1. The adaptability of mosses to their different habitats was ascertained by researching into their minimum hydrability within which mosses are able to survive, and by making inquiries the relationship between it and water economy in mosses. 2. On the relationship among maximum hydration (M), hydrability of air-dried samples (A), minimum hydrability (m) and the hydrability of “dead-and-air-dried” samples (a) of xerophilous (X), of merophilous (Me) and of hygrophilous (H) mosses, the following formulations seem to be given: M, X<M, Me<M, H; m, X_??_m, Me<m, H; A, X_??_m, X_??_a, X; A, Me_??_m, Me>a, Me; and A, H(dead)<m, H. 3. It seems that xerophilous mosses do not easily reduce their water below the quantity of their own minimum hydrability when they are air-dried, that they are capable of imbibing vapour in the air which is not saturated with vapour bait is low in relative humidity, and that they are capable of maintaining water above their own minimum hydrability in the air. But it seems that hygrophilous ones have not such peculiarities. These are probably caused mainly by the peculiarities of their protoplast. 4. It seems that maximum hydration and minimun hydrability being low in xerophilous mosses is favourable for their activities even in relatively dry conditions; on the other hand, it seems that hygrophilous ones, whose both the hydration and hydrability are high, are capable of being active only in the condition of environments having fairly much water in them. 5. “Dead-and-air-dried” samples of xerophilous mosses have the water-holding nature being nearly equal to that of air-dried (living) ones; this behavior seems to be important especially in their ecology.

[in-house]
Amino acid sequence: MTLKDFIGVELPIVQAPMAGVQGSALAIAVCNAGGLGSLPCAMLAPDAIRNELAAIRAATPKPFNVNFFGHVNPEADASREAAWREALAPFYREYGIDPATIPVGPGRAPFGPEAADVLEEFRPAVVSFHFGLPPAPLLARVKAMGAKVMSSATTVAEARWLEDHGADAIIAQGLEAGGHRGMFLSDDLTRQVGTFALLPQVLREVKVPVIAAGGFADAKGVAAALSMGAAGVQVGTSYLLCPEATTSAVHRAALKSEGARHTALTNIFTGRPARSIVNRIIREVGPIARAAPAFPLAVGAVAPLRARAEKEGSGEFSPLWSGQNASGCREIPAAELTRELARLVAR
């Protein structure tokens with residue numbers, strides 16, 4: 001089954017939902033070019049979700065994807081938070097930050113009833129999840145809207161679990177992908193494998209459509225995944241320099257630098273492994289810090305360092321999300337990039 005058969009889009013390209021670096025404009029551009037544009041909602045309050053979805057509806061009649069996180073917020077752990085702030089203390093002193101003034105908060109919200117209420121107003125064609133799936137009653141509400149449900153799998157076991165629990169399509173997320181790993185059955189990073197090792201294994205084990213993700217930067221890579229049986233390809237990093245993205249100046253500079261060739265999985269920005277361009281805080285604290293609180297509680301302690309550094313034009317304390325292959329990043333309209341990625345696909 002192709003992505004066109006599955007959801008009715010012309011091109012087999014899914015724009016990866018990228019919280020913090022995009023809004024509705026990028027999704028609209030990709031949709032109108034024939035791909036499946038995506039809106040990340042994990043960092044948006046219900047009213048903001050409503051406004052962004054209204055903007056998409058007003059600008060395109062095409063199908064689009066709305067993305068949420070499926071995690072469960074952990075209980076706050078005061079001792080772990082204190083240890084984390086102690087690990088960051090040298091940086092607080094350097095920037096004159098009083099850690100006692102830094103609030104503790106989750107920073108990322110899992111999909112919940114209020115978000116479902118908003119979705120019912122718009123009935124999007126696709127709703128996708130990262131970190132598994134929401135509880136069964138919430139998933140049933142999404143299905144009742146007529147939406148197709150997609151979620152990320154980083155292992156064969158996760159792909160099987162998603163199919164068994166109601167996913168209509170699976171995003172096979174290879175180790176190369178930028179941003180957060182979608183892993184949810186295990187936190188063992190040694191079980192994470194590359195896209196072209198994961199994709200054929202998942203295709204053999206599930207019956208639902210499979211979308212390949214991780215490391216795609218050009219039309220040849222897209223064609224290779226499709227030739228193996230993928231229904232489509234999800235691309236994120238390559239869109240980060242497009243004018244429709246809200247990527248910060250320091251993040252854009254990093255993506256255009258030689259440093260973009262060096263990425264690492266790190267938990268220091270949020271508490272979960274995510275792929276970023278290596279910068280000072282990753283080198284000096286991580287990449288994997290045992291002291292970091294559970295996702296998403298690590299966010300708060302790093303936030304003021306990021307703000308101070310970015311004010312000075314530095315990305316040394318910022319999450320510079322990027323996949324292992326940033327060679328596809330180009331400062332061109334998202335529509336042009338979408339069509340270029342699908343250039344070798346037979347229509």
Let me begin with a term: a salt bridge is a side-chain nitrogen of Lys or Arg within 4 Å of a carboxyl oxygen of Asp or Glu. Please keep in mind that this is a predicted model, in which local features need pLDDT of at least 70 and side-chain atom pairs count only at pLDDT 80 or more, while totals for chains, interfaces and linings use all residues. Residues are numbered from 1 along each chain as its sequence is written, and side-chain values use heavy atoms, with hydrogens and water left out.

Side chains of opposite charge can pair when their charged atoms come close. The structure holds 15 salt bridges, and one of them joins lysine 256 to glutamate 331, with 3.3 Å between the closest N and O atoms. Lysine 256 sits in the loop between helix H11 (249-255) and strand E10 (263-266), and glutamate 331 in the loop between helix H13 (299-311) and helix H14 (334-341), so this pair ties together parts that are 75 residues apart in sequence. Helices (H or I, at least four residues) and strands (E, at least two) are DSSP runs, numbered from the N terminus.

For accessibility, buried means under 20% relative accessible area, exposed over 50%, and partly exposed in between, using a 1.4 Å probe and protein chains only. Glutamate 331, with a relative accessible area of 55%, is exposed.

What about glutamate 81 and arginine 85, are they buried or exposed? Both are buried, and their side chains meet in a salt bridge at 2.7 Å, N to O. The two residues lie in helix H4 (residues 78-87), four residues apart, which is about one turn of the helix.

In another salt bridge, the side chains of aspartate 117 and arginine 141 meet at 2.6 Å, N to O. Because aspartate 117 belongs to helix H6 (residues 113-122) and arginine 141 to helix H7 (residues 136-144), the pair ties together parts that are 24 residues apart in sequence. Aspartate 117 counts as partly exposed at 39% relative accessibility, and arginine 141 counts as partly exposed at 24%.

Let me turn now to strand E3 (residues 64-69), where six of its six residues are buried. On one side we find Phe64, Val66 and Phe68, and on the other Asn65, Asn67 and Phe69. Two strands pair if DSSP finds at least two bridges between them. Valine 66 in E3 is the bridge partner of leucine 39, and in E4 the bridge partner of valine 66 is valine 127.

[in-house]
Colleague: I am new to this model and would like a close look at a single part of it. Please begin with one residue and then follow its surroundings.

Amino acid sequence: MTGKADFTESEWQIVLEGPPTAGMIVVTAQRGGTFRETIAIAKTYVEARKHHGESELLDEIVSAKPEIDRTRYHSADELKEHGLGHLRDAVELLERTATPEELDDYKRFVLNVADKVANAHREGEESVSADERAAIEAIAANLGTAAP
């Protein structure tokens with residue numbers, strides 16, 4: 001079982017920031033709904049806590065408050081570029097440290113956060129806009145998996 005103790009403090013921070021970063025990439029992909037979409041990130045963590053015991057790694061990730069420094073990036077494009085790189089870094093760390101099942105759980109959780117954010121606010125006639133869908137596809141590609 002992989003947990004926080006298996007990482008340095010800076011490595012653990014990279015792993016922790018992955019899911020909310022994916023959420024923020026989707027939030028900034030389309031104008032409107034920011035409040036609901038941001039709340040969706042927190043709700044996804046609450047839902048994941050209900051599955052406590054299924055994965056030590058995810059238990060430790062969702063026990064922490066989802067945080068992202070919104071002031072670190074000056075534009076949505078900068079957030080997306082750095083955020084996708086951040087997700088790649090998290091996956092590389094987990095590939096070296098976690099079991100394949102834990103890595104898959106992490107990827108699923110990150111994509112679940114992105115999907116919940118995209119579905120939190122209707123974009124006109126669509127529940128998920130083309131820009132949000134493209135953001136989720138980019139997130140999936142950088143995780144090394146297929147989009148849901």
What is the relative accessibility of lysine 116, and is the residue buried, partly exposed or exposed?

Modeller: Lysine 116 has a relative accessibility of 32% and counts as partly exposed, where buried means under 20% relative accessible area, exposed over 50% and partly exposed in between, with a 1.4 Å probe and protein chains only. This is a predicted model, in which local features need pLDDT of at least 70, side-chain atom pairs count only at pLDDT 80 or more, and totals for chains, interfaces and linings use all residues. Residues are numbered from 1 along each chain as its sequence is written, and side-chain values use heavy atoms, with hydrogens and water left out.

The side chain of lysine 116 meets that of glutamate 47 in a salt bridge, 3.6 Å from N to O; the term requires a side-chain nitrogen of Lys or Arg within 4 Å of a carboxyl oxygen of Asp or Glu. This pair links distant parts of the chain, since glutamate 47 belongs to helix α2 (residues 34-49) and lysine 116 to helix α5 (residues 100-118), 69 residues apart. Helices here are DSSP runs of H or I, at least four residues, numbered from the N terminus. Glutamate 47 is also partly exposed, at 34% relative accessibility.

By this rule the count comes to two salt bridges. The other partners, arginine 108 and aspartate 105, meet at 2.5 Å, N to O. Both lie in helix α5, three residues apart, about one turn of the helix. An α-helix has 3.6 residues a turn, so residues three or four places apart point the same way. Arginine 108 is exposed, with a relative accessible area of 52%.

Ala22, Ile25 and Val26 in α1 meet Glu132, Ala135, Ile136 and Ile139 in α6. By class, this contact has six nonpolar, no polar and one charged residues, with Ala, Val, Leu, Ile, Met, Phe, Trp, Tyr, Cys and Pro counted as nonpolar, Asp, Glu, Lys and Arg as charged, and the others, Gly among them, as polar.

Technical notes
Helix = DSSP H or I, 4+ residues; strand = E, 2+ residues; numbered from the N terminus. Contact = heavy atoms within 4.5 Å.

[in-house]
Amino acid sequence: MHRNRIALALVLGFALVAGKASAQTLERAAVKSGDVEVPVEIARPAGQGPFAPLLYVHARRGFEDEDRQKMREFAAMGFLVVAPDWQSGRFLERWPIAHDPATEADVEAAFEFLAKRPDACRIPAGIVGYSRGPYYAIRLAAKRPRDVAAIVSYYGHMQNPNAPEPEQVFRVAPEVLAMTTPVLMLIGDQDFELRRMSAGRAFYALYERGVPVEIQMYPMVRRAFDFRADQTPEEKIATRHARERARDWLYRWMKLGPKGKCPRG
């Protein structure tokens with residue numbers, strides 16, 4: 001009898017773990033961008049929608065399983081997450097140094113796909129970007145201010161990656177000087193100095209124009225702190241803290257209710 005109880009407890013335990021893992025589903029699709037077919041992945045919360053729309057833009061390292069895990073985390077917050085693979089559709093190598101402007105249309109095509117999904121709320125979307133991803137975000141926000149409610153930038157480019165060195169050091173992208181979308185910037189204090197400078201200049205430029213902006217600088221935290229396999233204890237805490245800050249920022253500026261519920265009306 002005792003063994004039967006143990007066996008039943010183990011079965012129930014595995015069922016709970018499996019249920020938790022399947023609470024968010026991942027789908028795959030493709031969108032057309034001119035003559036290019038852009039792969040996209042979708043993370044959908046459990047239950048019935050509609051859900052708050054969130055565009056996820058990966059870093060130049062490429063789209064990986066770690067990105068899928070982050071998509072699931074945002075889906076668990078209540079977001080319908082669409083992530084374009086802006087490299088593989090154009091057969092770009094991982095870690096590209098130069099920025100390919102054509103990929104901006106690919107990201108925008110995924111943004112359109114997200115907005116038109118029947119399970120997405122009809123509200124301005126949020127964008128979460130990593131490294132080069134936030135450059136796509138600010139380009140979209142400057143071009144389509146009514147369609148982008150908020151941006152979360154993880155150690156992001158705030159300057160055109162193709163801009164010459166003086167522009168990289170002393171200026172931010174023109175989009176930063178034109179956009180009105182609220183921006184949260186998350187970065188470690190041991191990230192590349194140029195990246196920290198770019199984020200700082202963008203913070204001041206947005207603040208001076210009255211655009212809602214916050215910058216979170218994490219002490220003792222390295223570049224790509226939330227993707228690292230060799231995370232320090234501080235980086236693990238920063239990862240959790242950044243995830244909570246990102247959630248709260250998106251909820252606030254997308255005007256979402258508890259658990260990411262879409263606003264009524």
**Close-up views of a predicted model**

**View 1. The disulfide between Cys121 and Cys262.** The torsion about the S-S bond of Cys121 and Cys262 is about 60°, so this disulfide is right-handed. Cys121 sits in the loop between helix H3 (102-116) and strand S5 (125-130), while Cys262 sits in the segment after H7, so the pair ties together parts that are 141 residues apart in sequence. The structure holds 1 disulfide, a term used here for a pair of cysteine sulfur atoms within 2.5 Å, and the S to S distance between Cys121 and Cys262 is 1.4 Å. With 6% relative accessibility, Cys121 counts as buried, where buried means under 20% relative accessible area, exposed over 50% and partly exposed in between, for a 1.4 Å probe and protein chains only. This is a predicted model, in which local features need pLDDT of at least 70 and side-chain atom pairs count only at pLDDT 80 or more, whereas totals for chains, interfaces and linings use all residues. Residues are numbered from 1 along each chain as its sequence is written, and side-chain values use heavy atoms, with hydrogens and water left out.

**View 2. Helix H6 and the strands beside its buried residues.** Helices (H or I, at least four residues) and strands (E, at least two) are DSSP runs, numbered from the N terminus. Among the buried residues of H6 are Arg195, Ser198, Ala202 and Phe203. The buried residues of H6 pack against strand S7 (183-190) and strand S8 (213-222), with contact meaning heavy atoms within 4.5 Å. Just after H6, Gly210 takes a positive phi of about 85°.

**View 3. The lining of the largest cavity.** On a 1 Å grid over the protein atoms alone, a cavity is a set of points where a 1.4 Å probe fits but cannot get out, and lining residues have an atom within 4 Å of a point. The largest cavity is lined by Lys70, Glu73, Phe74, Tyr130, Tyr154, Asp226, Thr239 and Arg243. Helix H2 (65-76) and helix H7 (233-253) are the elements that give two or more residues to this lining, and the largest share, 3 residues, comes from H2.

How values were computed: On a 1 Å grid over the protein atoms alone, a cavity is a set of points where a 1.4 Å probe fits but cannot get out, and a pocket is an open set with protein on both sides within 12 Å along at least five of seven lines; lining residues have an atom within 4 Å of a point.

1. During the microbiological investigation of the Oze-Moor which is situated in the northern part of Nikko National Park, the writers found the socalled “Red and Green Snow” on the snow left unmelted of several locality about 1500-1800 meters above sea-level in May-June 1951. They were also given the samples of red snow which were collected on the mountain ridge (ca. 2000m.) of Mt. Shirouma in May 1951 and on the snow valley (ca. 2500m.) near Mt. Eboshi in August 1951. These were spreading over the snow surface as small irregular patches measuring from several centimeters to one meter in diameter. 2. Cryophilous species determined from these samples are as follows. Fungi: Chionaster nivalis, Selenotila nivalis. Algae: Chlamidomonas nivalis, Chodatellabrevispina, Scotiella nivalis, Raphidonema nivale, Raphidonema Tatrae. Japanese Chodatella brevispina seems to be the slight modification of the European type differring in its having thicker and longer spines (2.1-2.8μ long). As for the non-cryophilous fungal members, the yeast-like cells, Chytridiaceous zoosporangium, hyphae of Dematium, spores of Guepiniopsis, Prosthemium, Scolecosporium, Asterosporium and others may be mentioned, Furthermore, Mucor hiemalis (-), Penicillium sp., several species of bacteria were separated as pure culture. 3. The main element of red snow is Chlamydomonas nivalis which was found in the stage of chlamydospores, some of them having gelatinous outer membrane. 4. The main element of green snow is commonly Chodatella or rarely Chlamydomonas. This type of green snow seems to be different from European Raphidonema- Type and American Chlamydomonas-Type. 5. Ph-range of green snow was 4.2-4.8 in half melting condition of materials. 6. Red snow was found in such a place exposed to the direct rays of the sun as mountain ridge, snow valley or Fagus-forest. On the contrary, green snow was spreading in the dark places of coniferous forest. 7. Chionaster nivalis is a kind of fungi and seems to pass the summer season in the stage of chlamydospores which are supposed to be formed by the conjugation of two cells. 8. We are now studying the life history of Chlamydomonas nivalis, Chionasternivalis and Selenotila nivalis, the latter two being not yet settled in their systematic position. The question how they live in summer season is left unsolved.